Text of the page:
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Am J Cardiol. 1998 Sep 1;82(5):569-73.

Usefulness of exercise echocardiography in predicting cardiac events in an outpatient population.

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Henry Ford Heart and Vascular Institute, Henry Ford Hospital, Detroit, Michigan 48202, USA.


The prognostic value of exercise echocardiography in an outpatient population is not well defined. A total of 1,020 consecutive patients referred for exercise echocardiography in an ambulatory care setting were studied by reviewing their medical records and exercise echocardiographic data. Of these, 71 (7%) were excluded due to technically inadequate tests, leaving 949 patients who were included in the analysis. A positive exercise echocardiogram (EE) was defined as an appearance of a new wall motion abnormality or worsening of a baseline abnormality. Cardiac events, defined as myocardial infarction, coronary angioplasty, coronary bypass surgery, and death, were documented during a 12-month follow-up period. Cardiac events occurred in 17% of patients (26 of 152) with a positive exercise echocardiogram (EE) and in 2.5% (20 of 797) with a negative EE (p <0.001). The incidence of myocardial infarction (2.6% vs 0.4%, p <0.02), coronary angioplasty (7% vs 1%, p <0.001), and coronary bypass surgery (9% vs 1%, p <0.001) were higher in patients with a positive versus a negative EE. There was 1 death in the positive study group and none in the negative group. Significant independent variables (p <0.05) that predicted cardiac events included a positive exercise electrocardiogram, history of coronary angioplasty, nonspecific ST-T changes on the baseline electrocardiogram, double product <25,000, men, chest pain on exercise test, and a positive exercise electrocardiogram. On a stepwise logistic regression model, exercise echocardiography emerged as an independent predictor of future cardiac events in an outpatient population. This predictive value was enhanced in the presence of a positive exercise electrocardiogram compared with a negative exercise electrocardiogram (24.2% vs 7.9%, p <0.03). Our study suggests that exercise echocardiography is an independent predictor of future cardiac events in an outpatient population.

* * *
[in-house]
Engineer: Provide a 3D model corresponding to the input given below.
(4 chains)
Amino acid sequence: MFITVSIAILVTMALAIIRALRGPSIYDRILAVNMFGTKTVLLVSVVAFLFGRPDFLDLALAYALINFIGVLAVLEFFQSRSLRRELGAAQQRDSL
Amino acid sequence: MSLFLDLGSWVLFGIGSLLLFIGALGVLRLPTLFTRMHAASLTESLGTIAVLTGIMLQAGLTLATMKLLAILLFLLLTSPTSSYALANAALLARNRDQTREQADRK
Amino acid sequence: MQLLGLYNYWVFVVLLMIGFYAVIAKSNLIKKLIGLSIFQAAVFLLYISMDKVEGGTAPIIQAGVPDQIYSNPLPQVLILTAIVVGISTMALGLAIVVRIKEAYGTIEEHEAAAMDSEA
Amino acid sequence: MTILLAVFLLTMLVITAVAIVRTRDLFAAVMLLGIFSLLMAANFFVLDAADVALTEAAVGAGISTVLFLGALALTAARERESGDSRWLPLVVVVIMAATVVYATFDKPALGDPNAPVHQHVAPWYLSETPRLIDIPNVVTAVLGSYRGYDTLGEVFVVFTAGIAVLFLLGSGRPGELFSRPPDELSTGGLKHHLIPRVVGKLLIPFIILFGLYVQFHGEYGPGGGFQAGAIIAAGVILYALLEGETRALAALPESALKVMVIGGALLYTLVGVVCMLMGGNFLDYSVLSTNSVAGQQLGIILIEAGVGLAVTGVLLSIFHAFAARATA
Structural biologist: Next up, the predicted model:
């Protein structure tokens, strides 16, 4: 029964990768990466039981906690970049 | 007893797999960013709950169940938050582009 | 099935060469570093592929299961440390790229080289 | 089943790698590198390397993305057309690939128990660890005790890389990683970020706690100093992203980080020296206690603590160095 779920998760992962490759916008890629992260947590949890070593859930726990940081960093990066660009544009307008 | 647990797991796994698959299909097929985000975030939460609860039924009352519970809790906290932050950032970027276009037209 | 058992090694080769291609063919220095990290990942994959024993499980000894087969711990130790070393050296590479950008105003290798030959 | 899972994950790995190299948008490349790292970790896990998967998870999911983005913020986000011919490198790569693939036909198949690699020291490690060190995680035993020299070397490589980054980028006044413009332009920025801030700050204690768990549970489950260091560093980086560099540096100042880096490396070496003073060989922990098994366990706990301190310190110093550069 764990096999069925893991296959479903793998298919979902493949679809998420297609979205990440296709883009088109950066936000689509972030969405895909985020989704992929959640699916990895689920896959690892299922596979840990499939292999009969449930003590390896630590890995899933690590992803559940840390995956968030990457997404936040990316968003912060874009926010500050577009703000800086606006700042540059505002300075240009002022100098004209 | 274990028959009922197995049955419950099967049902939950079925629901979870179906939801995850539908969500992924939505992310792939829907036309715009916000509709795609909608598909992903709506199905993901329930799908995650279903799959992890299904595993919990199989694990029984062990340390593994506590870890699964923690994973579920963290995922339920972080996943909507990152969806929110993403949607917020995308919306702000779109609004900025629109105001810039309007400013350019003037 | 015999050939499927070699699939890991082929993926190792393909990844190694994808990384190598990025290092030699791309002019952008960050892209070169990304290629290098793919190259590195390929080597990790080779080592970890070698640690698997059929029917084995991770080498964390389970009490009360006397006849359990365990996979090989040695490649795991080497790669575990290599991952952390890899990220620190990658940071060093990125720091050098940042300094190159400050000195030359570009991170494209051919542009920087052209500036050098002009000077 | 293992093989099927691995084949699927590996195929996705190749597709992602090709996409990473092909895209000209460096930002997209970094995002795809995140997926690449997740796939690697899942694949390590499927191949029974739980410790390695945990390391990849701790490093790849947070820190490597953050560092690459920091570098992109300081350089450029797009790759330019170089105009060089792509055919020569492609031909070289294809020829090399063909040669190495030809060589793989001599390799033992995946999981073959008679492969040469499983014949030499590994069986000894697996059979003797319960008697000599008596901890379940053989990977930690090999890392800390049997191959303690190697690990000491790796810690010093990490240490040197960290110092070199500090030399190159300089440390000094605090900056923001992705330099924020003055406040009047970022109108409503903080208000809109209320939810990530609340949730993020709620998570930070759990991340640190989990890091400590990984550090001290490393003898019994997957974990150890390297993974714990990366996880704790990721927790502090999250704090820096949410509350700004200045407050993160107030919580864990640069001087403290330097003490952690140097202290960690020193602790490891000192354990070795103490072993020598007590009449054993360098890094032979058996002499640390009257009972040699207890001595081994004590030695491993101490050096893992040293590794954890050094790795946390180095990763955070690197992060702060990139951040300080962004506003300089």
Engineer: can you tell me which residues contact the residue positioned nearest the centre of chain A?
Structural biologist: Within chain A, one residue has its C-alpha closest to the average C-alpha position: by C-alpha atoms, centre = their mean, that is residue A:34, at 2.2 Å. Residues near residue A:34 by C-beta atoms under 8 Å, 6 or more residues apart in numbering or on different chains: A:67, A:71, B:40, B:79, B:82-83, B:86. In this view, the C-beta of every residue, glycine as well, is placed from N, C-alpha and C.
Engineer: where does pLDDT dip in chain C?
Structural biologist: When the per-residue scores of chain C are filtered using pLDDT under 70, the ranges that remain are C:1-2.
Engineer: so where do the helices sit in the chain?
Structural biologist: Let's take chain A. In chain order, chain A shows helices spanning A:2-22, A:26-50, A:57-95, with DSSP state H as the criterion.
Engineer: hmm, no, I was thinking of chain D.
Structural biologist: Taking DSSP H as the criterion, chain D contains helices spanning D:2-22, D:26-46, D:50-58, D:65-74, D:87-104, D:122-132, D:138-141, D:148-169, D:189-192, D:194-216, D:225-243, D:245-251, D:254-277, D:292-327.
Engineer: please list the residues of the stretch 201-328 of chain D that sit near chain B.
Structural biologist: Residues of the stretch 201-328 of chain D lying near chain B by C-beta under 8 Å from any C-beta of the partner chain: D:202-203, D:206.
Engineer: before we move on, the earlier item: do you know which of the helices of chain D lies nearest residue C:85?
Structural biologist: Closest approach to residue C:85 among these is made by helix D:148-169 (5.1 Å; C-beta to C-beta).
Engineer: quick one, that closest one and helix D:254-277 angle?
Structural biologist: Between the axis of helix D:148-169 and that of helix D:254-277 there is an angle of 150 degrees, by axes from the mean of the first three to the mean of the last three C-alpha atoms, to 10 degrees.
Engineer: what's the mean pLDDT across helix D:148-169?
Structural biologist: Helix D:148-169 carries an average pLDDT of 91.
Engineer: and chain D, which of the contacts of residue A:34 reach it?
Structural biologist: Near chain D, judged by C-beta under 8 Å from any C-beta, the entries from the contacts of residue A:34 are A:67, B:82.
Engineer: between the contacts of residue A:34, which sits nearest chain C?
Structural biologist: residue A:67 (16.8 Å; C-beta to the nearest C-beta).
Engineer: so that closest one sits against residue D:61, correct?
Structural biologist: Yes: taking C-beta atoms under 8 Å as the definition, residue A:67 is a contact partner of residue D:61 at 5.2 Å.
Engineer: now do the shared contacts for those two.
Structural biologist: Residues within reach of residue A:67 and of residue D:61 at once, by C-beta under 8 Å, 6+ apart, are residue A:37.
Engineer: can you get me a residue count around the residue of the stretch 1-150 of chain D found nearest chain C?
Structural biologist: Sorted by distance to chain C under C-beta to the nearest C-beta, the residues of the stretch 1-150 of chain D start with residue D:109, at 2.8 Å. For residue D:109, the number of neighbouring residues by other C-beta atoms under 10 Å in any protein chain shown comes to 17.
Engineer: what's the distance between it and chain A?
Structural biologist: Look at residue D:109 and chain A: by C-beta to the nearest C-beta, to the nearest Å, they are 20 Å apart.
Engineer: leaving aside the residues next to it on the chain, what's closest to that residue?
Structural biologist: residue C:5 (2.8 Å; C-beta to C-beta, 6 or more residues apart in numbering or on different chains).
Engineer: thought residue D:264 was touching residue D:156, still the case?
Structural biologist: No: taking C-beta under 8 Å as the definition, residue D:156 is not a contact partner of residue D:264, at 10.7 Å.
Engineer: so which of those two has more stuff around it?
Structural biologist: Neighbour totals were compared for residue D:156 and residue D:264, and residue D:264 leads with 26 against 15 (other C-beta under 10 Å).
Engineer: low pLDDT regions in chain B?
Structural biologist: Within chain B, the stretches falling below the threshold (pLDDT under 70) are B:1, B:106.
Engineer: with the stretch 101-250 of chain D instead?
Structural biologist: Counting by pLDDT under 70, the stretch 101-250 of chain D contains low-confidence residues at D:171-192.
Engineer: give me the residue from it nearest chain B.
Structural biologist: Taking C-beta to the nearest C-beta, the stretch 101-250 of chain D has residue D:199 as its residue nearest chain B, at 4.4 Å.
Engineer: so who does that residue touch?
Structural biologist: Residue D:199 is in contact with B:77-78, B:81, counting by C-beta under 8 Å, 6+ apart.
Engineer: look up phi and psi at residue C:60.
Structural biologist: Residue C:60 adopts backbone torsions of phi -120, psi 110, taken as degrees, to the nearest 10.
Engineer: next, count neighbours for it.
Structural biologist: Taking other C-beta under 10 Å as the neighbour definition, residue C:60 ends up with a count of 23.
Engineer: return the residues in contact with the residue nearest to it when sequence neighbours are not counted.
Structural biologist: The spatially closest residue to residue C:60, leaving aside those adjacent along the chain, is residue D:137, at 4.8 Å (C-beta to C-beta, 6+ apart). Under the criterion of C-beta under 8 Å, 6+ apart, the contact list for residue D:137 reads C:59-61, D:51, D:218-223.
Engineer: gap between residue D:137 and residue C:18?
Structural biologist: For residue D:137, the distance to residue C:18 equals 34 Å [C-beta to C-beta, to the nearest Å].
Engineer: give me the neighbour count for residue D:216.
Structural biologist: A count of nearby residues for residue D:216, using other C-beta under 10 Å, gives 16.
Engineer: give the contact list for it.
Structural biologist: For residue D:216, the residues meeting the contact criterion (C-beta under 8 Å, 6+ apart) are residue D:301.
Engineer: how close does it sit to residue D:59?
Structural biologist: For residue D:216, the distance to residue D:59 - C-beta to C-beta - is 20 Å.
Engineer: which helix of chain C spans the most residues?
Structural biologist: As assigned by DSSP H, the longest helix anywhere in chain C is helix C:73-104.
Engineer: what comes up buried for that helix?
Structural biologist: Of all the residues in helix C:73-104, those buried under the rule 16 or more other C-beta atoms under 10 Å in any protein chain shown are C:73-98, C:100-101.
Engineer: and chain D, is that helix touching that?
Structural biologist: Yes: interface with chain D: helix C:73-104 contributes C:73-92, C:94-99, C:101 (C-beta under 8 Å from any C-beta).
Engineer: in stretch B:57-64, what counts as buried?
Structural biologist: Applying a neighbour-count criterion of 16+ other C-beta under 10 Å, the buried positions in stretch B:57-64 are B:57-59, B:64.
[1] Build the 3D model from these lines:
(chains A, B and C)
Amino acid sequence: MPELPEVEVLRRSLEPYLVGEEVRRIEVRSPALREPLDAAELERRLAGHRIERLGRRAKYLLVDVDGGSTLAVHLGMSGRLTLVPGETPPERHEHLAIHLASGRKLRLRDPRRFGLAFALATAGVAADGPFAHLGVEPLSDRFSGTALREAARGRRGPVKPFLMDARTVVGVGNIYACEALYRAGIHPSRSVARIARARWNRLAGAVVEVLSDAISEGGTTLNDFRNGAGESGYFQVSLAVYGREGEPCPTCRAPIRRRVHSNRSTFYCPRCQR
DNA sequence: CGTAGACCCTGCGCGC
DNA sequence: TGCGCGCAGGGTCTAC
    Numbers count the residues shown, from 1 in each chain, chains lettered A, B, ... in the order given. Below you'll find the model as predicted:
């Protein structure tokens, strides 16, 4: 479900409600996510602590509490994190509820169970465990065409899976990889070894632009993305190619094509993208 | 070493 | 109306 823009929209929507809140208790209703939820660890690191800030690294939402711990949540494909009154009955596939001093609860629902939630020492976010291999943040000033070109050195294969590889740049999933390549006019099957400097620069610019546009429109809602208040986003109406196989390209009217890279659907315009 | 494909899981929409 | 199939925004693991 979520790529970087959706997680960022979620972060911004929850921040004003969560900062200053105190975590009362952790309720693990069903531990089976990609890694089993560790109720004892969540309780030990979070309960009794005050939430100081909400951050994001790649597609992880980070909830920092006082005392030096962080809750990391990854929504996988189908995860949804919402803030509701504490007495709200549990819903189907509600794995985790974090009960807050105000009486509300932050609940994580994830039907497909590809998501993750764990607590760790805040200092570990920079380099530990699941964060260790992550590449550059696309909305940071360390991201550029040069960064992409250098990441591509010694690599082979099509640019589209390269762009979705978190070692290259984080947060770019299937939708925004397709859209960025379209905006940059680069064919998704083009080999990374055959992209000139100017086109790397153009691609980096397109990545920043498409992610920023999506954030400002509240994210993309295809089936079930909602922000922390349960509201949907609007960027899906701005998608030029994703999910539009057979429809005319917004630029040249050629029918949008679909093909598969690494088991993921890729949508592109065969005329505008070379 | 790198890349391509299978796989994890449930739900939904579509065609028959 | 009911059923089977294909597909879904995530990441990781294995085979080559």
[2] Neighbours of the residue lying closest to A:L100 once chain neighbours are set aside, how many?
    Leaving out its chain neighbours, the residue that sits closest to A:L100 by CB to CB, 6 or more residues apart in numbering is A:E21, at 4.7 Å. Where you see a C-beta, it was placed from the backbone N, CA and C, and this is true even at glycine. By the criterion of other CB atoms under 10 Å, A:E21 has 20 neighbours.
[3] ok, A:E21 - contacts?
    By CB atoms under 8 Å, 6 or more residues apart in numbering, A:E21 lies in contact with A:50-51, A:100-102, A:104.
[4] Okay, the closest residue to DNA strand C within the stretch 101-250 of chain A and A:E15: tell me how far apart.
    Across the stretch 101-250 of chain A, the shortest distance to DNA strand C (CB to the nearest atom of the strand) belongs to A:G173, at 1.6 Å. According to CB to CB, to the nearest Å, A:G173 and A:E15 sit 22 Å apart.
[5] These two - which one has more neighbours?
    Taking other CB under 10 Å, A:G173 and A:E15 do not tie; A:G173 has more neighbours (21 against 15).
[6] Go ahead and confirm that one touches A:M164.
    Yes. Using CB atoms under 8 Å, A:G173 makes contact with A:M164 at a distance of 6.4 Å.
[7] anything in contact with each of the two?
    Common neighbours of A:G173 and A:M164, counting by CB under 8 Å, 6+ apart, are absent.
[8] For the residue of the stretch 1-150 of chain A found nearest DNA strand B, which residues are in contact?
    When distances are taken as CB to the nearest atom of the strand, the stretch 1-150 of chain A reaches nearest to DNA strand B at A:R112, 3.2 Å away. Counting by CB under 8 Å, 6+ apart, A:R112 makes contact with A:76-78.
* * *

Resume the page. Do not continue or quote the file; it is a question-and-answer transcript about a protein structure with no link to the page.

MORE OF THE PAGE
[Indexed for MEDLINE]

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